*The suspension is over for JV and Elvis at NEW YORK‘s WFNY-FM (92.3 Free FM). As of Friday afternoon, the mid-morning team who came to CBS Radio’s Free FM from San Francisco last year are out of work – and the talk station now has another daypart to fill in addition to its late-night slot.
Jeff Vandergrift and Dan Lay had been off the air for over two weeks, ever since a local Asian-American group began protesting a rebroadcast of an old segment (originally aired in San Francisco, then later aired at least once without incident on WFNY-FM) in which the show called a Chinese restaurant and mocked an employee’s accent.
What was acceptable even a few months ago, however, is now problematic in the wake of the Don Imus debacle – and so after a week of “best-of” shows and a week of fill-ins Cabbie and Larry Wachs, JV and Elvis are gone and questions are swirling about whether there’s a future for a deliberately edgy talk station in a world full of protests over any perceived slight.
The next Free FM hosts in the crosshairs are morning men Opie and Anthony, who now have Al Sharpton calling for their dismissal from CBS Radio over a segment that never even aired on the terrestrial simulcast of their XM Satellite Radio show. The duo began their XM show Friday by apologizing for the bit, which involved a homeless man ranting about Queen Elizabeth II, and signed off with the same line they’ve used in the past before previous dismissals in Boston and New York.
So far, CBS appears to be standing by Opie and Anthony, but we’ve seen how quickly that support can fade as protests build – and if the O&A show were to disappear from the Free FM schedule, the station would be on even shakier revenue ground, raising serious questions about how long the format can survive.
*Over at sister station WFAN (660 New York), the revenue hole created by Don Imus’ firing hasn’t been filled, either, and as Imus launches what’s reported to be a $120 million wrongful-dismissal suit against CBS Radio, the station’s still trying to fill the programming hole in morning drive, at the very least.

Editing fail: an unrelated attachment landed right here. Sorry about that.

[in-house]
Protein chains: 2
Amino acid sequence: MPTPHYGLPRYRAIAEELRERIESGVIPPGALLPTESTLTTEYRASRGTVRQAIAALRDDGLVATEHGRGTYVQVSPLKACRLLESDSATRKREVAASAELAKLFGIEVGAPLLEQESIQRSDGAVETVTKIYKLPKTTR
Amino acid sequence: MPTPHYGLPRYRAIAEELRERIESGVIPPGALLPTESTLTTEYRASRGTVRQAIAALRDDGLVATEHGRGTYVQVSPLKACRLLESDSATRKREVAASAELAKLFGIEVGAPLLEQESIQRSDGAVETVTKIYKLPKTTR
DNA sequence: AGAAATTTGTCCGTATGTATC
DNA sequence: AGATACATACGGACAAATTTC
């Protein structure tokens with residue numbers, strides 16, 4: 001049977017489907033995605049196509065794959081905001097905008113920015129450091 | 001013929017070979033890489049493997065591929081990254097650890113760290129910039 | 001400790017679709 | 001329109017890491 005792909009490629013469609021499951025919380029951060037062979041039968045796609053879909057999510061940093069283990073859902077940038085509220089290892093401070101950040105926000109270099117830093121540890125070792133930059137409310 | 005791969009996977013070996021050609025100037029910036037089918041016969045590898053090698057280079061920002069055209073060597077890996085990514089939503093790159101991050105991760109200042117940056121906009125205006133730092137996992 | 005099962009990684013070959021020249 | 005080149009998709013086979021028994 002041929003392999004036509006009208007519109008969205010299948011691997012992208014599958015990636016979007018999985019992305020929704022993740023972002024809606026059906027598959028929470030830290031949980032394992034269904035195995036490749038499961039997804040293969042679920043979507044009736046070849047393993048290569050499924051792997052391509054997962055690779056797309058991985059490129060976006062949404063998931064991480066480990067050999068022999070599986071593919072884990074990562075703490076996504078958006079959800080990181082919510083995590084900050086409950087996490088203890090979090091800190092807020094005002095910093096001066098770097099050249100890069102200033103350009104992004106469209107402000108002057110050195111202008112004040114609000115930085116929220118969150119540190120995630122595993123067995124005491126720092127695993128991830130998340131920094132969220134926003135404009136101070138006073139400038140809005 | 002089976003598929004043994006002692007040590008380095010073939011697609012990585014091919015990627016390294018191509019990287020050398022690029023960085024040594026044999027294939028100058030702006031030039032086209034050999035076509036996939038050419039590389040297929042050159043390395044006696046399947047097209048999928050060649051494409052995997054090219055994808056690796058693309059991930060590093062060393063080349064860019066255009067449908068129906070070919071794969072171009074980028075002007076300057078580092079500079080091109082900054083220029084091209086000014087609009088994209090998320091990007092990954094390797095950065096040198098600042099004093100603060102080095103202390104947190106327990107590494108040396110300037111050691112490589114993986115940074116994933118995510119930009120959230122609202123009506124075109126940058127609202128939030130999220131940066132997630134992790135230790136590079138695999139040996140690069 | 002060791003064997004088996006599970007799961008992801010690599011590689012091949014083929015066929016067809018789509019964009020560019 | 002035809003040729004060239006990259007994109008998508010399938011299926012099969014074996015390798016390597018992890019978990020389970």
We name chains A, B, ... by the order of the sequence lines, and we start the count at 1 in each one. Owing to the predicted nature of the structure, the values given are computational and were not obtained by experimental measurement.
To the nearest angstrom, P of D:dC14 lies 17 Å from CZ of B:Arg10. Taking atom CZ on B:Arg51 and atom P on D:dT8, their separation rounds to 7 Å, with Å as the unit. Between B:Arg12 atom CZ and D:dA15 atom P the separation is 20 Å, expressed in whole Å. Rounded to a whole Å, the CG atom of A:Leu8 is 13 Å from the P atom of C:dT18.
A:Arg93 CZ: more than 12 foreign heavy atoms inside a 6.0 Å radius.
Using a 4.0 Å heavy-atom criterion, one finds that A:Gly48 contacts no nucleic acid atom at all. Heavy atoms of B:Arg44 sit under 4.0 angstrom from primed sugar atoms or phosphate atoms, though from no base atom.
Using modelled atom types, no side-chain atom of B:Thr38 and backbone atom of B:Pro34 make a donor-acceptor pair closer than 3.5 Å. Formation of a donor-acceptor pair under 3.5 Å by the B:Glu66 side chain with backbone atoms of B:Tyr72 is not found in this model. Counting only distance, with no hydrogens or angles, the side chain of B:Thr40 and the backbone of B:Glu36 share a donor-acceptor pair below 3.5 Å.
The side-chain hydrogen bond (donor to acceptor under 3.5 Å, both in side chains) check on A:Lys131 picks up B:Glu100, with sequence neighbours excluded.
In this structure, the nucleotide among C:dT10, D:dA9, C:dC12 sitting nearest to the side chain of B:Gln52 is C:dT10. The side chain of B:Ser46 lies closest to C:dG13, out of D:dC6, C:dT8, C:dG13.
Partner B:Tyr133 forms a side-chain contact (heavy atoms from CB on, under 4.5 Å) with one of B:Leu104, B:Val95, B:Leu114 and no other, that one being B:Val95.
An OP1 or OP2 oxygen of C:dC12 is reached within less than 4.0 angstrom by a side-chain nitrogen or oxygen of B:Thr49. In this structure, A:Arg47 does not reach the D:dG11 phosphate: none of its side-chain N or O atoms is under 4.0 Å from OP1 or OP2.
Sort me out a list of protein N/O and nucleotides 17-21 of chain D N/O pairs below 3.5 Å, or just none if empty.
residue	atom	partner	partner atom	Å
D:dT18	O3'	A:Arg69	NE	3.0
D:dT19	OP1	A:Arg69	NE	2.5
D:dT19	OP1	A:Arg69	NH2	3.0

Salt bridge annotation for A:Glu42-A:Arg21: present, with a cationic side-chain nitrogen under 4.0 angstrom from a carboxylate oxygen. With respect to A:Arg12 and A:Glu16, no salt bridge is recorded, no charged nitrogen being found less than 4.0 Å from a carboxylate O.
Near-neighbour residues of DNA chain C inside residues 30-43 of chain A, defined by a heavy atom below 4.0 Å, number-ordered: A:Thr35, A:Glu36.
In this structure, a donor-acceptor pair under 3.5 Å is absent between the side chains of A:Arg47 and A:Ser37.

NBC News correspondent David Gregory is the latest fill-in, and when he takes the morning drive reins today, he’ll be the first post-Imus host to be heard on WFAN and seen on MSNBC, which will be producing the show in a reversal of the old Imus arrangement, in which WFAN owned the show and sold the content to MSNBC.
Will Gregory be able to pull off the balance Imus struck for so many years before his downfall, mixing low-brow morning humor with top-name political interviews? As a regular Today fill-in host, Gregory has the morning-show experience, and as NBC’s White House correspondent, he’s as well-connected as it gets. We’ll be watching (and listening) to see how the experiment works.
Fifteen Years Ago: May 13, 2002
We’ll start in NEW YORK, where last Wednesday (May 8) brought the long-expected end to the country format on Big City Radio’s “Y107” quadcast in the Big Apple’s suburbs. After a day of construction noises, the four stations on 107.1 (WYNY Briarcliff Manor, WWXY Hampton Bays, WWYY Belvidere NJ and WWZY Long Branch NJ) launched into their new life as “Rumba 107,” playing much the same diet of Spanish hits now heard on “Mega” WSKQ (97.9 New York) and “Latino Mix” WCAA (105.9 Newark NJ). Can the relatively weak in-city signals of the “Rumba” stations (aided slightly by the tower move at WWZY last week that now finds the station reaching Brooklyn much better from Atlantic Highlands, N.J.) compete with the strong signals of Mega and Latino Mix? Will the Belvidere (serving the Easton, PA area) and Hampton Bays signals stay with the simulcast? And what about the remaining staff at Y107, including morning guy Ray Rossi, who are now out of work, not to mention the country listeners in the big city who are again without a station? We’ll keep you posted…